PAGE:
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Genealogy Profile: Lloyd Howard Hawley (1899-1956)

Pam Hawley Marlin   October 2020


The following genealogy profile is based on research compiled by the author. Lloyd Howard Hawley is the author's great-grandfather. View Hawley Family Tree.

Lloyd Howard Hawley


Beginnings - Kansas to Illinois

Lloyd Howard Hawley, the author's great-grandfather, was born to Walter Martin Hawley and Mary Lou (Louie) Stilwel in Garnett, Anderson county, Kansas on December 17, 1899. Lloyd married Emma Elizabeth Skeens on April 10, 1920 in Paola, Kansas. This Hawley family consisted of Walter (father), Mary Lou (Louie) (mother), Emma (wife), and children, Inez, Calvin, Wanda, and Howard.

Lloyd was descended from a line of Hawley men ( John Sr., John Jr., Martin and Walter) who made their living as farmers. Each one of these men owned many acres of farmland in New York, Pennsylvania, Michigan, Iowa, and Kansas as the family migrated west. It was not unusual for the Hawley patriarch and his sons to establish their homestead on the same farmland for a time before the eldest son would venture out on his own.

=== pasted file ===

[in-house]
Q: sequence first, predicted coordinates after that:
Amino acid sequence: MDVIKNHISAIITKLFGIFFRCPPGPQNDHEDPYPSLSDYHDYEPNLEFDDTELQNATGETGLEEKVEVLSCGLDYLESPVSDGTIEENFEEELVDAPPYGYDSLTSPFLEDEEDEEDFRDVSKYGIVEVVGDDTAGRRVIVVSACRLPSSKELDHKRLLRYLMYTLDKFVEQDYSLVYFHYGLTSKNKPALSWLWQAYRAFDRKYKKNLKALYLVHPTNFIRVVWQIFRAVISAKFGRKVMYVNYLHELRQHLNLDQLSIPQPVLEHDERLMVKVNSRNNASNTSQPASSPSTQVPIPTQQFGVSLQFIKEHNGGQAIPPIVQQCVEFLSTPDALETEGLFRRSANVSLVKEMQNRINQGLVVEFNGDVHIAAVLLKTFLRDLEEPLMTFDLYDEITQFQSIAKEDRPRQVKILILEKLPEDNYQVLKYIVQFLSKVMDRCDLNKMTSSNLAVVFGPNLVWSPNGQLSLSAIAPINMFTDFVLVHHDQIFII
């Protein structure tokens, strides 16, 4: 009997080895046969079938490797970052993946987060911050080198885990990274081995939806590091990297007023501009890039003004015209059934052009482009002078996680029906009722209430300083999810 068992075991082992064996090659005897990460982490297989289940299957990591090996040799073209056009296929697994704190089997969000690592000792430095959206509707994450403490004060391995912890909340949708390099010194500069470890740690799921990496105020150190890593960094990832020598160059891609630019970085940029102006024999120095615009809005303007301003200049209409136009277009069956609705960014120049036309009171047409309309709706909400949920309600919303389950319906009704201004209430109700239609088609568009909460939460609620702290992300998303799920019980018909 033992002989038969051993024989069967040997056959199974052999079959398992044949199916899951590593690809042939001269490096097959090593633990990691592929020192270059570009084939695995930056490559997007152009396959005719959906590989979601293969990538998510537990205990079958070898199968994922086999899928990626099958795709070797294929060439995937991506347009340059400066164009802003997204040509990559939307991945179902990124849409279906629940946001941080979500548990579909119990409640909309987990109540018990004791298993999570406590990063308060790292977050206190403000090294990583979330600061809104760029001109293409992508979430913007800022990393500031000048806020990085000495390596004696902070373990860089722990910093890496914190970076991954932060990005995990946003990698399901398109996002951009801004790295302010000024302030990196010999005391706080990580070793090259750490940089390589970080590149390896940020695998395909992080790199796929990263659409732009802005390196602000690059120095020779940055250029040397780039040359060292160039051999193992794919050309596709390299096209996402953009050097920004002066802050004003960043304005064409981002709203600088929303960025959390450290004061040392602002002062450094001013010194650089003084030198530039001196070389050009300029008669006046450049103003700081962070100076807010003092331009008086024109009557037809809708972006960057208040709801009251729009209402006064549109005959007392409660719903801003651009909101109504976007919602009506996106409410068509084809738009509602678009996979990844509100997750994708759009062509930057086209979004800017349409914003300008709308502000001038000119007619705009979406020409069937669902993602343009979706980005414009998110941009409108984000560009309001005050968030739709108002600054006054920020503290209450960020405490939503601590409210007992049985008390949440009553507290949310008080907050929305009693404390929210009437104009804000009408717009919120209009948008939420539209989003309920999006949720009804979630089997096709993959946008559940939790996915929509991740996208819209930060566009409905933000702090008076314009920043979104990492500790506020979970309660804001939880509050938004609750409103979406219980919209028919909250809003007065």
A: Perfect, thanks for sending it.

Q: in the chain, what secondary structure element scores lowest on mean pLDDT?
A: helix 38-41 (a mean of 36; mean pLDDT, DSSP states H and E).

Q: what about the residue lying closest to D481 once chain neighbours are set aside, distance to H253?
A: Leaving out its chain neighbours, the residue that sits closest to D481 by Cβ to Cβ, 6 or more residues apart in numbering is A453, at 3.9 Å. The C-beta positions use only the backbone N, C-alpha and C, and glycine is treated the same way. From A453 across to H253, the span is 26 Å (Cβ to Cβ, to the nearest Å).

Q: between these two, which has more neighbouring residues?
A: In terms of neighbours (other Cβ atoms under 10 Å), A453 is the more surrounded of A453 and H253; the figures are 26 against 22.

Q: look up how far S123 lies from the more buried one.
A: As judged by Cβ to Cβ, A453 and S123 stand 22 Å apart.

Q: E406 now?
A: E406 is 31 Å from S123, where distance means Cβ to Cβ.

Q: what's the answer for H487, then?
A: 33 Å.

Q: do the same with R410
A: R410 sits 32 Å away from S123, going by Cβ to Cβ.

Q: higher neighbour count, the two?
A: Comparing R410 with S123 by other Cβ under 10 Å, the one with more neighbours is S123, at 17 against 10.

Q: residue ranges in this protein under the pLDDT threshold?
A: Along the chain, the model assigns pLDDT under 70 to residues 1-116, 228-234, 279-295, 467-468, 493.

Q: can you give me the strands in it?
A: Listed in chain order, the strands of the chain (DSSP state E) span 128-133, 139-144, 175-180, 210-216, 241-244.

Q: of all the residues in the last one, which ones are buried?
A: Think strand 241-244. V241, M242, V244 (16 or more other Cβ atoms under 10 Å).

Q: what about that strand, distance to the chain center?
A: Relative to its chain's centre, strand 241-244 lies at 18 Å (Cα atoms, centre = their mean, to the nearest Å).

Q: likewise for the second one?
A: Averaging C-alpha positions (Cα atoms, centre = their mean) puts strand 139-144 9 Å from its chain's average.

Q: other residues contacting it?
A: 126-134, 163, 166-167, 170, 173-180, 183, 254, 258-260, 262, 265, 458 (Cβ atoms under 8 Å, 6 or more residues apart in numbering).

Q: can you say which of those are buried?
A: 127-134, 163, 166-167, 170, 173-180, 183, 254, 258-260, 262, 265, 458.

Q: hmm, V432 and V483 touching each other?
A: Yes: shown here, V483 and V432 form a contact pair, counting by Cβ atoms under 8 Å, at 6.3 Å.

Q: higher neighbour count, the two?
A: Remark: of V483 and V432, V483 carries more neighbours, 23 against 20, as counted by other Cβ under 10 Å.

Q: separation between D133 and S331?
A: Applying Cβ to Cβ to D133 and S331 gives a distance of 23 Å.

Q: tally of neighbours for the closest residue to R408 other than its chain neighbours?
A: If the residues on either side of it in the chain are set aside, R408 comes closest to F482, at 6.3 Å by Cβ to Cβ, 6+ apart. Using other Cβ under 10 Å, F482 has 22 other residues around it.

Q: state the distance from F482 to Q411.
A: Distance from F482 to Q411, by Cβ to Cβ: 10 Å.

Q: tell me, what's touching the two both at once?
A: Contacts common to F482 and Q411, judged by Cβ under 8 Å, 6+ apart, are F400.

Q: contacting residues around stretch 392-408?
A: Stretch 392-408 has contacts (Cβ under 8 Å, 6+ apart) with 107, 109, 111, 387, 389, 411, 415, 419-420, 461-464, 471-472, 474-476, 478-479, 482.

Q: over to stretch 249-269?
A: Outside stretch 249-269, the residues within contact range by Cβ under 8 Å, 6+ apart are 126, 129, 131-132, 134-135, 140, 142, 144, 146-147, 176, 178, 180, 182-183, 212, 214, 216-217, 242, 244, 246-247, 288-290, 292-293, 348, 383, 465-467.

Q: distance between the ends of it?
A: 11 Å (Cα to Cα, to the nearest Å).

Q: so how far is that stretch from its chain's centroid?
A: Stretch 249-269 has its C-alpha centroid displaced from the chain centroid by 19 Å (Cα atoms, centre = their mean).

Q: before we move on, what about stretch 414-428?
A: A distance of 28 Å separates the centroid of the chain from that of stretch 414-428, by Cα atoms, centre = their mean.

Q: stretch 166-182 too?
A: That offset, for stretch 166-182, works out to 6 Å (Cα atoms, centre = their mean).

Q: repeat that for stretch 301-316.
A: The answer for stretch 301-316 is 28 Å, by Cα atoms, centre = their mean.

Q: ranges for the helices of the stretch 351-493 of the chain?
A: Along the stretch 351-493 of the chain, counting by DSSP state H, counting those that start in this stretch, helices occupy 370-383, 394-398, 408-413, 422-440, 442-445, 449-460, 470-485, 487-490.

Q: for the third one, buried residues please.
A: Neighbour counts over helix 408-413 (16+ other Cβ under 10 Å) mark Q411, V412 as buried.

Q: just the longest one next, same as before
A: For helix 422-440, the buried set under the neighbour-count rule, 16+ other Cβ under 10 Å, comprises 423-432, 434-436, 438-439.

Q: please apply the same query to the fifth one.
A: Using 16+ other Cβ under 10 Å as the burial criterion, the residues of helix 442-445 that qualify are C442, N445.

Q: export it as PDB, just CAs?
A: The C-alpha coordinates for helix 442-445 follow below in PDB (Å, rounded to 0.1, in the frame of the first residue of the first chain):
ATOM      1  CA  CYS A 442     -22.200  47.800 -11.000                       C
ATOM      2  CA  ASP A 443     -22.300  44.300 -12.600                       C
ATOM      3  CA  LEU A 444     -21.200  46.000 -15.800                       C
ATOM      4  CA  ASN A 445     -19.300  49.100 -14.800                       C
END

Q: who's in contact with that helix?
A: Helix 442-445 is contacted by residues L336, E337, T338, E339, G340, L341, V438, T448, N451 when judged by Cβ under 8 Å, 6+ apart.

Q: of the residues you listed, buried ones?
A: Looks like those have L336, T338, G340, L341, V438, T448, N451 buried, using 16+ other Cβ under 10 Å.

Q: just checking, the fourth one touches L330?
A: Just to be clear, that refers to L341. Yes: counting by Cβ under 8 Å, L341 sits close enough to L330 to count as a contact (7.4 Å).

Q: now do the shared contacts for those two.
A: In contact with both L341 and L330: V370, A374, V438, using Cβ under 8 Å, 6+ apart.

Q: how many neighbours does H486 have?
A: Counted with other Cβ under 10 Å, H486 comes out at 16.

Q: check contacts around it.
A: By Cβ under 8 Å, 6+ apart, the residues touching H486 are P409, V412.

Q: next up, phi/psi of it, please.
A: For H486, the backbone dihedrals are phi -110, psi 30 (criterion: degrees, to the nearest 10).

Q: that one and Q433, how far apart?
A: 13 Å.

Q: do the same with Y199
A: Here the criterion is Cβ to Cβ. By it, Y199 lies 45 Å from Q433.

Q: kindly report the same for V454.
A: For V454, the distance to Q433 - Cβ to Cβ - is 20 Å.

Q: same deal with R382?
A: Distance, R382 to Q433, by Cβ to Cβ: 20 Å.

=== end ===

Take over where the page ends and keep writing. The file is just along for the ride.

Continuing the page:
Childhood home in Garnett, Kansas

In January 1887, Lloyd's grandfather, Martin Hawley, bought 80 acres of a quarter section of the Leavenworth, Lawrence and Galveston (L.L. & G.) railroad land near Garnett, Kansas and built a house. Lloyd's father, Walter, also built a house on this land and this is where Lloyd grew up.

The Walter Hawley homestead in Union Township, Kansas (near Garnett) where Lloyd grew up.

Lloyd listed in the 1900 Anderson County Kansas census with parents Walter and Louie and siblings.

Lloyd Howard Hawley as an infant.

Lloyd's parents, Walter and Mary Lou (Louie) with daughters, Bertha and Myrtle. This photo was taken before Lloyd was born.


Round Oak School (Growlerville) near Garnett, Kansas

Lloyd, along with his siblings and cousins, attended the Round Oak School (District 91), which was adjacent to his childhood home. Only the foundations of this school remain today. Lloyd also attended Garnett High School.

Round Oak School.

Round Oak School roster.

The Garnett Evening Review, April 10, 1908.

Today the Round Oak School is surrounded by woods and only the original foundation is visible. Photo: P. Marlin (me in the photo)